Fiduciary rule threatens fee base

Stricter standards will squeeze demand for some actively managed funds
Best of intentions: US Labor secretary Thomas Perez and House minority leader Nancy Pelosi attend a news conference on the fiduciary rule last April © Getty

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Prompted in part by mounting concern over potential litigation, retirement financial advisers are expected to shift the weighting of assets committed to defined contribution retirement plans still further towards cheaper investment products.

The pattern is going to make actively managed funds that attract higher management fees a harder sell to clients in the foreseeable future.

The US Department of Labor’s new fiduciary rule, which takes effect in April next year, requires that retirement financial advisers put their clients’ best interests before their own.

Independent broker-dealers, who were previously held to a suitability standard — which required that their investment advice merely be suitable to the client — will experience more disruption compared with registered independent advisers, who were already held to a higher fiduciary standard.

The new rule aims to quash attempts by advisers who may have been prioritising their own interests over their clients when they direct them towards products that charge higher fees. That kind of conflict of interest has cost US families an estimated $17bn a year, according to a White House statement made when the rule was announced in April.

“Anything that potentially has the appearance of a conflict is going to be seriously scrutinised,” says Chad Larsen, chief executive of Denver-based MRP, which advised on DC plan assets worth about $3.3bn at the end of 2015. Mr Larsen is among this year’s FT Top 401 Advisers who specialise in such plans.

Index-based equity mutual funds, which are cheaper than actively managed funds, are expected to gain most after the fiduciary rule is implemented.

More than a quarter of 281 FT 401 advisers who were surveyed from June to August by Ignites Retirement Research, a sister company of the FT, say they will increase their use of these investment products because of the fiduciary rule.

The switch away from actively managed funds is already under way — FT 401 advisers increased their clients’ investments in index-tracking US equity funds from an average of 8 per cent in 2014 to 9 per cent in 2015. In contrast, FT 401 advisers reduced their clients’ investments in actively managed US equity funds from an average of 28 per cent of the total to 25 per cent across the same period.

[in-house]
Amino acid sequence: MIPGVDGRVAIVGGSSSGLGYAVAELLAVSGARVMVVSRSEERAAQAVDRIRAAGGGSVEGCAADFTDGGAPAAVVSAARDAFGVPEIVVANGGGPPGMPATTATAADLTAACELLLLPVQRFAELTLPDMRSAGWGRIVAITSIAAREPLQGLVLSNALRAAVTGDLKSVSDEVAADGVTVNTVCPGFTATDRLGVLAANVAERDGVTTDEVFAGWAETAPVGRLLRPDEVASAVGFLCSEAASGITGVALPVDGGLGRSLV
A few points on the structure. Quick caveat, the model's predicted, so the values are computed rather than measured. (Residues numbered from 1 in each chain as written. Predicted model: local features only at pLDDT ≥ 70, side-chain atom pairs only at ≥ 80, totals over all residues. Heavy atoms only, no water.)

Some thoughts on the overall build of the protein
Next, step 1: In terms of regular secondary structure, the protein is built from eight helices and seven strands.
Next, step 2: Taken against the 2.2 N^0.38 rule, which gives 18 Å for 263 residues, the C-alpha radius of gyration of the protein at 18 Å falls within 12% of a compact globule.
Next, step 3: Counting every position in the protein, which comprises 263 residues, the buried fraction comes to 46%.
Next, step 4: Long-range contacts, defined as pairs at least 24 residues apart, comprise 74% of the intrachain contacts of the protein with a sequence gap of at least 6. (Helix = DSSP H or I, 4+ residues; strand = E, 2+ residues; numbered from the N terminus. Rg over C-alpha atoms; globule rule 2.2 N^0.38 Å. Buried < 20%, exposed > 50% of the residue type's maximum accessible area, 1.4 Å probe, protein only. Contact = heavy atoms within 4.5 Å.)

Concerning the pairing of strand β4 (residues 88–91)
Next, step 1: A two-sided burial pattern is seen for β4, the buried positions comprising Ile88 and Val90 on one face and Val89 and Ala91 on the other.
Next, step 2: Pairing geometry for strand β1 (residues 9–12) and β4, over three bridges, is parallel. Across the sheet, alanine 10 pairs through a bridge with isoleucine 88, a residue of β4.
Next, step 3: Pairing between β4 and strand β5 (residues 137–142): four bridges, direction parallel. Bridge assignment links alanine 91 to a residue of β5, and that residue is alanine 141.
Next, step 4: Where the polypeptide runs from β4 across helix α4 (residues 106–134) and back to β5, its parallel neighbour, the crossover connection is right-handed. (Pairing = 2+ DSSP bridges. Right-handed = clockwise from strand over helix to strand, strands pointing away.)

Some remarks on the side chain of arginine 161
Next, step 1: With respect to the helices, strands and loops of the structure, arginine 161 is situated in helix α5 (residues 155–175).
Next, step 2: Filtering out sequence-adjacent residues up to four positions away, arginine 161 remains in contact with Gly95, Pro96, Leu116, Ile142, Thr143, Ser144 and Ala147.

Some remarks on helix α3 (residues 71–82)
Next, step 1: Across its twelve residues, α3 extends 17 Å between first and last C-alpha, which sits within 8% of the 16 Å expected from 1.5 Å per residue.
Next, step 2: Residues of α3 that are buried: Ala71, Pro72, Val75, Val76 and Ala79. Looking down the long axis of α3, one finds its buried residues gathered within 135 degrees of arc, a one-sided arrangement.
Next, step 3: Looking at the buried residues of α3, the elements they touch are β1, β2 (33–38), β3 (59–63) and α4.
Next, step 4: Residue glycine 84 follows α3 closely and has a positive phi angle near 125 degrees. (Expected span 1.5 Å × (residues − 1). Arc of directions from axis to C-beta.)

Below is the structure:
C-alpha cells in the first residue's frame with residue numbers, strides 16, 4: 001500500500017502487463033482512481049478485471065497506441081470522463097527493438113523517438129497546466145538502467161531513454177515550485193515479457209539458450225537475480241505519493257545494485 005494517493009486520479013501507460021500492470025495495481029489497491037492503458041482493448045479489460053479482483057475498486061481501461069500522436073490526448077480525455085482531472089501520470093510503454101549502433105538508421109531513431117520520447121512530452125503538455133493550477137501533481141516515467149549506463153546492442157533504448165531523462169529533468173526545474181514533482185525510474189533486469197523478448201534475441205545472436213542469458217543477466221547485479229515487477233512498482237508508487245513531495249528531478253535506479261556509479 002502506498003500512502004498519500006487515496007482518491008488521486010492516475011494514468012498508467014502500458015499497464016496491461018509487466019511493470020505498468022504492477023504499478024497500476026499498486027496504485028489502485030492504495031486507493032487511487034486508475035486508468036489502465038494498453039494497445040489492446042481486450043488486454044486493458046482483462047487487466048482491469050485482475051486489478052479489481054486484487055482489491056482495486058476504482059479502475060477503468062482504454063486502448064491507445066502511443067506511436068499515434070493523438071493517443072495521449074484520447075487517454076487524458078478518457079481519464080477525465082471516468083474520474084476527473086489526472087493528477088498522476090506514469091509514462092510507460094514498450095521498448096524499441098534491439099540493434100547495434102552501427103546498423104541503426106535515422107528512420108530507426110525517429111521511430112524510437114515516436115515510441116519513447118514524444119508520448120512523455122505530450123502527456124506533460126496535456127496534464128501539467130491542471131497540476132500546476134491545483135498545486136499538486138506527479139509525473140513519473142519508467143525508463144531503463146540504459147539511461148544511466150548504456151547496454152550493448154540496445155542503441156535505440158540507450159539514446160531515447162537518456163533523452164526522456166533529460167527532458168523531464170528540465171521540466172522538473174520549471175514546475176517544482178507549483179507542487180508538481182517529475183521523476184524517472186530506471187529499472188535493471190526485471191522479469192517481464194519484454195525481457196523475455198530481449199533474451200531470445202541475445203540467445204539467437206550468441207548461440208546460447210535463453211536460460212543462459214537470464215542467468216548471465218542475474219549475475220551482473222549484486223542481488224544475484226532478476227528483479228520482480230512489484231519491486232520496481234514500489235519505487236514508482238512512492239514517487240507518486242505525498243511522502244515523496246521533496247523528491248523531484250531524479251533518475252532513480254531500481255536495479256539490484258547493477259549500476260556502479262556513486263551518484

Products that mix active and passive strategies, index fixed-income mutual funds, exchange traded funds and target-date funds — designed so that a portfolio becomes more conservative as a retirement deadline gets nearer — complete the top five ranking of investment products that FT 401 advisers plan to add to their clients’ portfolios.

In contrast, target-risk funds — designed to maintain investment portfolios at a particular level of risk and reward — are expected to suffer the most, with 9 per cent of the FT 401 respondents saying they will reduce their use of these products because of the fiduciary rule.

Variable annuities (offering retirement income pegged to investment performance), actively managed equity mutual funds, brokerage windows (which offer some ability to trade in assets to scheme participants) and accounts managed by individual investors complete the top five investment products that FT 401 advisers plan to scale back.

The higher price of actively managed equity funds is not the only reason they are expected to experience outflows. To a lesser extent, disappointing performance is also to blame.

“At this point, pricing is the driving factor, but if the performance is good, people will not be questioning the price,” says Steven Dimitriou, managing partner at Boston-based Mayflower Advisors, which advised on around $1.6bn in DC plan assets at the end of 2015.

But many actively managed funds are failing to beat their index-tracking equivalents. In the five years to the end of 2015, 84 per cent of managers of large-cap funds, 77 per cent of managers of mid-cap funds and 90 per cent of managers of small-cap funds underperformed the S&P 500, the S&P MidCap 400 and the S&P SmallCap 600 indices, respectively, according to S&P Dow Jones Indices.

“Every year the S&P Index happens to do well will lead to more and more outflow from actively managed equity mutual funds,” says Mr Dimitriou, also among this year’s FT 401 advisers.

Actively managed equity funds will not always underperform their benchmarks — and some individual funds stand out even while the general trend has been bleak in recent years, notes the head of the DC division at one asset management firm. Once actively managed equity funds outperform their benchmarks, pricing may be less of an issue, he adds.

The fiduciary rule does not ban commissions or revenue sharing, but it requires advisers who engage in these fee structures to sign a best interest contract exemption (BICE) and have their client sign it as well. BICE documents and policies must be in place by January 1, 2018.

The majority, or 59 per cent, of the Top FT 401 advisers surveyed by Ignites Retirement Research say any actively managed equity fund with an expense ratio of more than 100 basis points (bps) will raise alarm bells; the threshold is lower at 75 bps for 14 per cent of the respondents.

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